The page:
The Club for Growth is on television in Utah with $2.5 million in advertising to provide air cover for Sen. Mike Lee (R), who is fending off an unexpectedly aggressive challenge from independent candidate Evan McMullin.
Utah is a red state, and Republicans are favored to make gains in Congress amid President Joe Biden’s languishing job approval ratings. But the Club for Growth, a conservative advocacy group in Washington, is worried enough about Lee’s prospects that it is now airing a television spot statewide, on broadcast and cable, attacking McMullin as a closet liberal. McMullin has pledged not to caucus with the Democrats or Republicans should he oust Lee in November.
“What does Evan McMullin believe, and who’s paying him?” the voice-over in the Club for Growth ad says as the spot opens, before going on to accuse him of using donations to political groups he controls to “push a left-wing agenda.” The ad was written by Republican consultant Andy Sere. Republican strategist Jeff Roe, who advises Lee’s close friend, Sen. Ted Cruz (R-TX), placed the media buy.
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Club for Growth officials decided to invest on Lee’s behalf, a spokesman for the group said, “because Senate Leadership Fund can’t be trusted to protect conservatives.” Added Roe: “Evan McMullin’s chutes and ladders fantasy land is coming to an end. His real record will be known by all soon.”
Senate Leadership Fund, the super PAC aligned with Senate Minority Leader Mitch McConnell (R-KY), is focused on boosting Republicans running in Senate battlegrounds such as Arizona, Georgia, and Pennsylvania. And just Thursday, McConnell’s super PAC announced it would spend $28 million in Ohio to bolster GOP Senate nominee J.D. Vance, who was endorsed by former President Donald Trump.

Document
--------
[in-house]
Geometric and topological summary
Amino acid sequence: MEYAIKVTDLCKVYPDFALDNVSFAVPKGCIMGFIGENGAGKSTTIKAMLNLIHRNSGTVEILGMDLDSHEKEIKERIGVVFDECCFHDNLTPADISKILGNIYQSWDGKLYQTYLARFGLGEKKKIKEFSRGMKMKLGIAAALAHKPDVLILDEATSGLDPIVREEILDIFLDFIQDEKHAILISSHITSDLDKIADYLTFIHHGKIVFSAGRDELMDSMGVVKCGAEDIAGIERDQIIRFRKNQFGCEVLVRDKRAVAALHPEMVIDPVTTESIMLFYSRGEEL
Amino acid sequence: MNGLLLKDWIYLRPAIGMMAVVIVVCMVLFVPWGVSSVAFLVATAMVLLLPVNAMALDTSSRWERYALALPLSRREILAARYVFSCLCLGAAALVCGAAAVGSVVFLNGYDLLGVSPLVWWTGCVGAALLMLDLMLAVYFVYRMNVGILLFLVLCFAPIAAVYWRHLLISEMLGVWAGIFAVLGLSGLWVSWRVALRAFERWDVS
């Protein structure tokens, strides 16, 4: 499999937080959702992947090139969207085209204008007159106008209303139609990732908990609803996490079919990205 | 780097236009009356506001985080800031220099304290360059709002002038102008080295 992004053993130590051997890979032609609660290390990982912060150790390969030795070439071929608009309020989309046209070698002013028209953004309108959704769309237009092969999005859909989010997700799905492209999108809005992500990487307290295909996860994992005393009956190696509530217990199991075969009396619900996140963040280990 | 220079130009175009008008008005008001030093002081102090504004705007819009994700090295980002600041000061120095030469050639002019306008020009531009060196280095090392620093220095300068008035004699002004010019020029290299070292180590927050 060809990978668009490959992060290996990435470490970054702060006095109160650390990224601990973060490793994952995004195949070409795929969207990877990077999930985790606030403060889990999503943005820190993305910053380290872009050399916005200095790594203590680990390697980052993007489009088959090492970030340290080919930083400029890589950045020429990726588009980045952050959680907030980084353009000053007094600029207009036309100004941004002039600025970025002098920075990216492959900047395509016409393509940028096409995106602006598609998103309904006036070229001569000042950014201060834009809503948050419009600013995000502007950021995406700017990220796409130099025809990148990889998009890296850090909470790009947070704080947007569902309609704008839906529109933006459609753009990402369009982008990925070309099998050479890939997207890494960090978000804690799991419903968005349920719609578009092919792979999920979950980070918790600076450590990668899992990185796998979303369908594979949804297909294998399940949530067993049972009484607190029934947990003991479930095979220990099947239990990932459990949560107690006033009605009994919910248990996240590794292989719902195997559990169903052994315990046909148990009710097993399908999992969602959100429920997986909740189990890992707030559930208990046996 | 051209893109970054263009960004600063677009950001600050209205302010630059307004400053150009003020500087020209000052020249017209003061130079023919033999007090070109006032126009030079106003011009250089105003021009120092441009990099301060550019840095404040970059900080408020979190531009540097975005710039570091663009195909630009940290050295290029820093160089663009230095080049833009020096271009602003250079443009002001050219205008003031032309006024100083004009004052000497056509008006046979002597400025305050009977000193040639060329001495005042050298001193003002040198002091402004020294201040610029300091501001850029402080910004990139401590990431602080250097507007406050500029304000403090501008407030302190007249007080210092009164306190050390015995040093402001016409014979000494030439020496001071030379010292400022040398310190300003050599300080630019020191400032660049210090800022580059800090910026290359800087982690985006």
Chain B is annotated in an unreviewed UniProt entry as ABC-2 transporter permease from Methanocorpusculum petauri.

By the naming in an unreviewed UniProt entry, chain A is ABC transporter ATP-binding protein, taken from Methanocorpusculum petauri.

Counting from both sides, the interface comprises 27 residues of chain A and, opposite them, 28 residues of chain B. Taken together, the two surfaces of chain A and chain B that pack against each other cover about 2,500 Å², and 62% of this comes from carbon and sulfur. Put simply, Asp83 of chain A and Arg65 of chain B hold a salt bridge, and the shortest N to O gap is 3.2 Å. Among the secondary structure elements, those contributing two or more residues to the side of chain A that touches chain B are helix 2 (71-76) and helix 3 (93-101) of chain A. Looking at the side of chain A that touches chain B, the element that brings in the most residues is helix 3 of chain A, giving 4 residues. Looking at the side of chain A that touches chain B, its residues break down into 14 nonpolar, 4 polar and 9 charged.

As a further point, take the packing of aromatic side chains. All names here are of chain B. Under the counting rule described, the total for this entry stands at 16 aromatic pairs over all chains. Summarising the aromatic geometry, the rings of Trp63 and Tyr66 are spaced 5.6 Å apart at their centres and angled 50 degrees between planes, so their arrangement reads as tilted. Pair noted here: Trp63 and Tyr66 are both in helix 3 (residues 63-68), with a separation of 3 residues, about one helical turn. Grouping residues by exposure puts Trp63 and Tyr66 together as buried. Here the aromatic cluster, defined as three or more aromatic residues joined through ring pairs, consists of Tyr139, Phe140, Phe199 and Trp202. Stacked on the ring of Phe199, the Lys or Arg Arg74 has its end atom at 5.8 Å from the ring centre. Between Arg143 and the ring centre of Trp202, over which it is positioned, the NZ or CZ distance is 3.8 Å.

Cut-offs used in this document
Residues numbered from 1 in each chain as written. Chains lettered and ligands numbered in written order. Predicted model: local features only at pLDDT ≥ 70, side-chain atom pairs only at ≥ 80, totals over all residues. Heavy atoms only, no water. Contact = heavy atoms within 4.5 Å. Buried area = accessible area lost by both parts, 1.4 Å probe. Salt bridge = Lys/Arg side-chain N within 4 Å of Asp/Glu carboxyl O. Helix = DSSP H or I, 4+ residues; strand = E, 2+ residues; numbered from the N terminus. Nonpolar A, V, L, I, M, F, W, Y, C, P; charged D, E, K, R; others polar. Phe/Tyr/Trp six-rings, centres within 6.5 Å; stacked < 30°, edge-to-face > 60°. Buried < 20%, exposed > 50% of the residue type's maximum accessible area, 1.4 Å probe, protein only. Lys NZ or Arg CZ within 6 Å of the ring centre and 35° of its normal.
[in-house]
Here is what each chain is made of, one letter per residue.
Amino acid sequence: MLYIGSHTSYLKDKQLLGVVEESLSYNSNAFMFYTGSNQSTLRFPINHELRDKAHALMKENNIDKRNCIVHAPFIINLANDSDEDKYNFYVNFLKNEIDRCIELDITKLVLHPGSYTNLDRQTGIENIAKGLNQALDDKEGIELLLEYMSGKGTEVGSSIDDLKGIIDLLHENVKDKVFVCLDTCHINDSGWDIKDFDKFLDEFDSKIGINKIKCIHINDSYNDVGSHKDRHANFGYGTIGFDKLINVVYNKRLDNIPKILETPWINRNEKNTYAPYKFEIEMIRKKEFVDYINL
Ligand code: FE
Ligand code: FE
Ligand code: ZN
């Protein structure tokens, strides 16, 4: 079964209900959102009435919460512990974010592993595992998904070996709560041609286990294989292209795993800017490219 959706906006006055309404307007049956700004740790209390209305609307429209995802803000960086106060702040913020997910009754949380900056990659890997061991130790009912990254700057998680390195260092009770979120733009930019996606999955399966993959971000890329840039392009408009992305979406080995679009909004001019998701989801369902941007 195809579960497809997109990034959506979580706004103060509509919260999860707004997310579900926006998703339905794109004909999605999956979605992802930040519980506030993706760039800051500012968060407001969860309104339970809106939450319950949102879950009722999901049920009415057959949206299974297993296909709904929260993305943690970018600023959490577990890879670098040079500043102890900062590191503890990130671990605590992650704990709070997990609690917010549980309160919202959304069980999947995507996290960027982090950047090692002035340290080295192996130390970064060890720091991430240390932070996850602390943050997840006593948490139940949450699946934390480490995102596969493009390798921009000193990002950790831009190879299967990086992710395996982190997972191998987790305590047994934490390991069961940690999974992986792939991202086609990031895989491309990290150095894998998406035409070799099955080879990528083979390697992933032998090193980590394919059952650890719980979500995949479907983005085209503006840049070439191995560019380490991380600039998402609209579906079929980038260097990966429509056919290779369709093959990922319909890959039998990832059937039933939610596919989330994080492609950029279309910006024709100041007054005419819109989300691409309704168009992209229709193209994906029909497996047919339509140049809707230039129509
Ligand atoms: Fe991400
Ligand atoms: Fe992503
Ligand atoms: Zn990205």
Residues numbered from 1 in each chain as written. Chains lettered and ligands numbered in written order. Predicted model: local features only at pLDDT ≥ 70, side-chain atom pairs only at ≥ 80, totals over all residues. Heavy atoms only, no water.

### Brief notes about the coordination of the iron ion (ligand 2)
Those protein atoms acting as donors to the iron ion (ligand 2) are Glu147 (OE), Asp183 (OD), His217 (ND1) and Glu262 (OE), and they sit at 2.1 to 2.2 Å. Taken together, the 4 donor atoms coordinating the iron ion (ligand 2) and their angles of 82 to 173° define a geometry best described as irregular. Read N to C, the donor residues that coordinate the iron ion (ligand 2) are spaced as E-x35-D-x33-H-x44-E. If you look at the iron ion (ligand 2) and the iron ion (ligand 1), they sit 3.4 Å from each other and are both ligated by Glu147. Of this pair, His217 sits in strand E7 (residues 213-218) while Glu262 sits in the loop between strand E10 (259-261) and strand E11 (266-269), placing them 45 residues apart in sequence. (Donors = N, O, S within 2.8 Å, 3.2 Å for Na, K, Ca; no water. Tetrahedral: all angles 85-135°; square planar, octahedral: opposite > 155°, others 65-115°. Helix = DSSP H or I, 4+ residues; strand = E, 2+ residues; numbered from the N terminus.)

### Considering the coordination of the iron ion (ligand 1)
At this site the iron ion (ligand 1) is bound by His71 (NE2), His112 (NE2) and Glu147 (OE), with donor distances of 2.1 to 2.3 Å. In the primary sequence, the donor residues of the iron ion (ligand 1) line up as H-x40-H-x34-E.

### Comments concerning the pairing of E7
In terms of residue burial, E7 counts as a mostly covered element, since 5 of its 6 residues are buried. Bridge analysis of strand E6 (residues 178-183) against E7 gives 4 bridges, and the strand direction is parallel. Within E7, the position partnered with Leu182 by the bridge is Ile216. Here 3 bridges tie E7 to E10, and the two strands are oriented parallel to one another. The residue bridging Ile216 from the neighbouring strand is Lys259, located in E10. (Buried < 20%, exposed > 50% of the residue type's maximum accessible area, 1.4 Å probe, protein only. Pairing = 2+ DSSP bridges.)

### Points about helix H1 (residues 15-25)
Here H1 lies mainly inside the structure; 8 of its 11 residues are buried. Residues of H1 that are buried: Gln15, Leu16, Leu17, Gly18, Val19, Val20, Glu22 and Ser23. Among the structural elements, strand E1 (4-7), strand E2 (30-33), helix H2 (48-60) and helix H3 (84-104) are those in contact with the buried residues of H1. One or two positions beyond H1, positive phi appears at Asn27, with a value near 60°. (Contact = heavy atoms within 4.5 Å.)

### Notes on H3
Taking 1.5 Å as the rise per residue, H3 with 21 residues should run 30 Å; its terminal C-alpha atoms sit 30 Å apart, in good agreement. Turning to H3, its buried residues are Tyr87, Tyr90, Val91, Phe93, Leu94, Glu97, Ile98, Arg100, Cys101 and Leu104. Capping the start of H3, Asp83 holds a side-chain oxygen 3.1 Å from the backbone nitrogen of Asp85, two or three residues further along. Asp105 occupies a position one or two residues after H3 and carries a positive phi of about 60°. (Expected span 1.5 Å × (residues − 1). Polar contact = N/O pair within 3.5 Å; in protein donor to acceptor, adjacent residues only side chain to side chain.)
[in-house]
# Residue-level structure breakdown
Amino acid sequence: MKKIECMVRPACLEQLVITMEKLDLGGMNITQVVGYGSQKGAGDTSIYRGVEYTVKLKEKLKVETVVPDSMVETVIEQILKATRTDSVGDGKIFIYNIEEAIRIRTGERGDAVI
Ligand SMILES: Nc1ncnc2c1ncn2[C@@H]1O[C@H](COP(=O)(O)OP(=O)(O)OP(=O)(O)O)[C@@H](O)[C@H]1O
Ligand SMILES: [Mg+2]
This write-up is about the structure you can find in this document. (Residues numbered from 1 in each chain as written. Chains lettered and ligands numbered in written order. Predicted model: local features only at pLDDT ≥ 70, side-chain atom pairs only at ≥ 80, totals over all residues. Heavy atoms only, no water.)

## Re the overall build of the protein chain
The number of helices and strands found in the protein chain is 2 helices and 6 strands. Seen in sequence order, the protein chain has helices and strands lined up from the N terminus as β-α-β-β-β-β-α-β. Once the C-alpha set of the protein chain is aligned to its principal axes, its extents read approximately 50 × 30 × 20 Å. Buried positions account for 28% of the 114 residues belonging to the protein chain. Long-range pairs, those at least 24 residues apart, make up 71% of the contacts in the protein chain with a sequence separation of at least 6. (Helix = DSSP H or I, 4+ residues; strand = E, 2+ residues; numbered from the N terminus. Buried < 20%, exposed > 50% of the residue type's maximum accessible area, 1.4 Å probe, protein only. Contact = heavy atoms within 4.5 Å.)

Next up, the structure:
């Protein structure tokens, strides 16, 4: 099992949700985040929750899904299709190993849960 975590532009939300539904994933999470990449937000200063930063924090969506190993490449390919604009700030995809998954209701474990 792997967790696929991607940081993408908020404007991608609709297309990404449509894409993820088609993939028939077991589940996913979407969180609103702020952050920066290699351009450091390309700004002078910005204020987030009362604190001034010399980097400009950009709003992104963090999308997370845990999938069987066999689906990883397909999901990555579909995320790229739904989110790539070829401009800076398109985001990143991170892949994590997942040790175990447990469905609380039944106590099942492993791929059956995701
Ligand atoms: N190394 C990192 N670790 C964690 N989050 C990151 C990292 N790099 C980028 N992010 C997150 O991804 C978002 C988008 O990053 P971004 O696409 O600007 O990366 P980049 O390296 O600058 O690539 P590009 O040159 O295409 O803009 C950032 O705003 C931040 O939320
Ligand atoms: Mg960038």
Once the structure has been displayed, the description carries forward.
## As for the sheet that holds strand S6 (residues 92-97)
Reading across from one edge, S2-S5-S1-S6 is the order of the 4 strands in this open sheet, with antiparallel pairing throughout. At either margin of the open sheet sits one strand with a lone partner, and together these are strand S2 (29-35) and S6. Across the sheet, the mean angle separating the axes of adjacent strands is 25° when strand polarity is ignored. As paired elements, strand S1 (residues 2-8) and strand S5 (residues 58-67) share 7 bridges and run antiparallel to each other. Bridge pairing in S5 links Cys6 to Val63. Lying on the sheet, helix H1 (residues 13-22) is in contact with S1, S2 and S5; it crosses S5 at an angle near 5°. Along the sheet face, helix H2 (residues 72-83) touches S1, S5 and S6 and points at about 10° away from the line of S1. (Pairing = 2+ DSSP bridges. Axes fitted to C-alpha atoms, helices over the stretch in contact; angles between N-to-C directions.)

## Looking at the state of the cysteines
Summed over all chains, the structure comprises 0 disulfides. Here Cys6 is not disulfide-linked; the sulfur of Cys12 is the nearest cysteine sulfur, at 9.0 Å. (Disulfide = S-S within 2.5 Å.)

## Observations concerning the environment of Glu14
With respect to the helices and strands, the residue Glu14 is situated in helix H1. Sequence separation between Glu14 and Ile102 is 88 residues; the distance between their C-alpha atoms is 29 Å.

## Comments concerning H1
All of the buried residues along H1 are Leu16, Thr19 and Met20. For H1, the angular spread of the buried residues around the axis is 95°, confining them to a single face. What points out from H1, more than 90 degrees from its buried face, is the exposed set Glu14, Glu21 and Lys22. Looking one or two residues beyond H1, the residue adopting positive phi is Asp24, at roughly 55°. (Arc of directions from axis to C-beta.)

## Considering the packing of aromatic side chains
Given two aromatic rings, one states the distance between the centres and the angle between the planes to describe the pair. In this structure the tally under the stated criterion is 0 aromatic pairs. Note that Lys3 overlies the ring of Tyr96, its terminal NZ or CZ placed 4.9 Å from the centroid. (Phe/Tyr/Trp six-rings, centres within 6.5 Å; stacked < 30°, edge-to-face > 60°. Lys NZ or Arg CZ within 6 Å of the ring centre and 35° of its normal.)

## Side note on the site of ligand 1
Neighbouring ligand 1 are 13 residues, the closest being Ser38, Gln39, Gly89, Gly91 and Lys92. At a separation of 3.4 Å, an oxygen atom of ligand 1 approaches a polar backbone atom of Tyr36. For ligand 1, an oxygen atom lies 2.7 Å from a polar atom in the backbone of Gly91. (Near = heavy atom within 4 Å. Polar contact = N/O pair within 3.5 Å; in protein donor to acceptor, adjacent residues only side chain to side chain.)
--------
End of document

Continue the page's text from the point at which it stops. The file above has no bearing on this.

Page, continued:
The Utah race is unique. After McMullin jumped in and gained some traction, Utah Democrats essentially stood down and threw their support behind a candidate who rose to national prominence as a “Never Trump” Republican.
In 2016, McMullin mounted a quixotic eleventh-hour presidential bid, as a conservative independent, in an effort to block Trump from an Electoral College victory. McMullin’s campaign ran aground, but he emerged from the effort a leading Never Trump figure and launched political groups to generate pushback to the 45th president’s takeover of the GOP.
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McMullin entered July with $1.3 million in cash on hand. Lee, running for a third term, reported $2.5 million.